Monday October 24

Current Album Reviews

Our take on some of the latest material from a variety of artists.

Phil Collins - No Jacket Required (Deluxe Edition)Phil Collins - No Jacket Required (Deluxe Edition) (Atlantic/WEA) review


Phil at the top


No Jacket Required, Phil Collins’ third solo album, was the pinnacle of his career; completing his transformation from prog rock drummer to international pop star.   The record occupied the #1 spot on Billboard’s Albums Chart for seven weeks in 1985, selling upwards of 12 million copies in the States alone.  It also won a Grammy for Album of the Year. Warner Brothers has just issued the original album in remastered form, with a second disc of bonus material.


Larry Young - In Paris: The ORTF RecordingsLarry Young - In Paris: The ORTF Recordings (Resonance) review


He jammed with Hendrix and played on Miles’ Bitches Brew


One of the drawbacks of streaming being the primary way we get music now, is that LP jackets and CD booklets helped us get deeper into the music: liner notes, lyrics and photos helped paint a more vibrant picture of the music contained within.  One record label that is trying to keep the physical aspect of music alive is Resonance Records - and their latest release, Larry Young’s In Paris: The ORTF Recordings is a prime example of their brilliance.

Emitt Rhodes - Rainbow EndsEmitt Rhodes - Rainbow Ends (Omnivore) review


After a 40-year absence, a master tunesmith returns


Rhodes may not be on your radar, but he should be.  A promising songwriter in the early Seventies, he released a string of highly-praised albums that, for some reason, didn’t sell (if you’re a fan of Beatlesque pop - these are essential listening).  After an ugly battle with his record company, he walked away mid-decade, vowing never to do music again.  It took the prodding of several younger musicians to coax the reclusive Rhodes out of retirement.

Stan Getz - Moments in TimeStan Getz - Moments in Time (Resonance) review


A jazz legend at the top of his game in a never-before heard live performance


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This disc is a companion to Getz/Gilberto ’76, and features performances recorded during the same week-long stint at the Keystone Korner in San Francisco - but this time the spotlight is trained on the legendary saxophonist and his fabulous accompanying trio.

Getz/Gilberto '76Stan Getz / Joäo Gilberto - Getz/Gilberto ’76 (Resonance Records) review


Never-before released live date features the legendary duo in a rare reunion


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Stan Getz and Joäo Gilberto single-handedly helped the worldwide spread of bossa nova through their breakout album, 1964’s Getz/Gilberto.  Yet, surprisingly the two would rejoin only a handful of times after.  Resonance Records recently discovered tapes of the duo during a week-long stand at the Keystone Korner in San Francisco and have released them as Getz/Gilberto ’76.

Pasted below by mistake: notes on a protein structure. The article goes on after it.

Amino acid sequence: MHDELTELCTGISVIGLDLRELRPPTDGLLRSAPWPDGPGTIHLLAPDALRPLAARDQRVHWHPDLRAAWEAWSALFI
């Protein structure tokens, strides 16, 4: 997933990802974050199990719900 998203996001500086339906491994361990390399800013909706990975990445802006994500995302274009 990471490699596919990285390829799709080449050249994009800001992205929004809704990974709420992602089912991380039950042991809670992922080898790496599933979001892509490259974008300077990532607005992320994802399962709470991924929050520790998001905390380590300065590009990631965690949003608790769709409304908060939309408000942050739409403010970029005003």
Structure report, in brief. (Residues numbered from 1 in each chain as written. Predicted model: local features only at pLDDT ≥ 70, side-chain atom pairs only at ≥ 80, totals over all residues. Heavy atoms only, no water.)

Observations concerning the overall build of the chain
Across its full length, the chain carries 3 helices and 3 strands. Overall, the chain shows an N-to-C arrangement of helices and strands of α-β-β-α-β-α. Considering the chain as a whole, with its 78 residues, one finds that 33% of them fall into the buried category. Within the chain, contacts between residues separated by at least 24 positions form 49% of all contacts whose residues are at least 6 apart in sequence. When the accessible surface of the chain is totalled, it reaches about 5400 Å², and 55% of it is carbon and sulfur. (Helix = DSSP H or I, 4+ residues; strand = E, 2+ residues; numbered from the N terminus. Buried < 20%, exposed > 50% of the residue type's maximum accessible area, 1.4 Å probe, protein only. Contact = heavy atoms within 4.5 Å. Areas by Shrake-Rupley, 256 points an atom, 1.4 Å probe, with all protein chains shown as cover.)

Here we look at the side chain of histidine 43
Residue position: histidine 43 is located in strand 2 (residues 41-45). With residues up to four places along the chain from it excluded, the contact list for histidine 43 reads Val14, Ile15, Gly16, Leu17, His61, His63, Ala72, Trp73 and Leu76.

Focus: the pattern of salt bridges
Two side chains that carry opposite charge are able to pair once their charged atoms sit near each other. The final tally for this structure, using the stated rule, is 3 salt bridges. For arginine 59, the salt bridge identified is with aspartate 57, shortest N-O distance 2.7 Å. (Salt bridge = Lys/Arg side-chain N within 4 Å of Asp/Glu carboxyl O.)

Michael Jackson - Off the Wall (Deluxe Edition)Michael Jackson - Off the Wall (Deluxe Edition) (Epic/Legacy) review


MJ’s first solo album as an adult is arguably his best


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Face it: Michael Jackson was so good for so long, that we took him for granted.  The fact that he was able to transition from that cute little eleven-year old that fronted the Jackson 5 on the Ed Sullivan Show, to worldwide popstar, is an occurrence that deserves more accolades.  The fortuitous teaming with producer Quincy Jones created lightning in a bottle: Off the Wall still stands as a groundbreaking fusion of R&B and pop, even if it’s consistently overshadowed by its successor, Thriller.

Lee Michaels - Heighty Hi - The Best ofLee Michaels - Heighty Hi - The Best of Lee Michaels (Manifesto) review


This set proves that Michaels was a lot more than an “one-hit-wonder”


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There are dozens of artists from the 1960’s & 70’s who released many high-charting albums, yet are only remembered for a single song, thus earning the title of “one-hit-wonder.”  One such artist is Lee Michaels, and a new collection from Manifesto Records proves that there was a lot more to the organist/vocalist than his lone hit, “Do You Know What I Mean,” from 1971.

Phil Collins - Hello, I Must Be Going! (remaster)Phil Collins - Hello, I Must Be Going! (Deluxe Edition) (Atlantic) review


Collins' sophomore album shows him developing as a solo artist


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When Phil Collins went in to record his second solo album, Hello, I Must Be Going, things had changed drastically in about 18 months: his debut record, Face Value, was a surprise hit, with the nascent network MTV embracing “In the Air Tonight,” and putting it in heavy rotation.  Plus, his band, Genesis, had released their biggest album to date, ABACAB.  The original album has been remastered and paired with a bonus disc of live tracks and demos.

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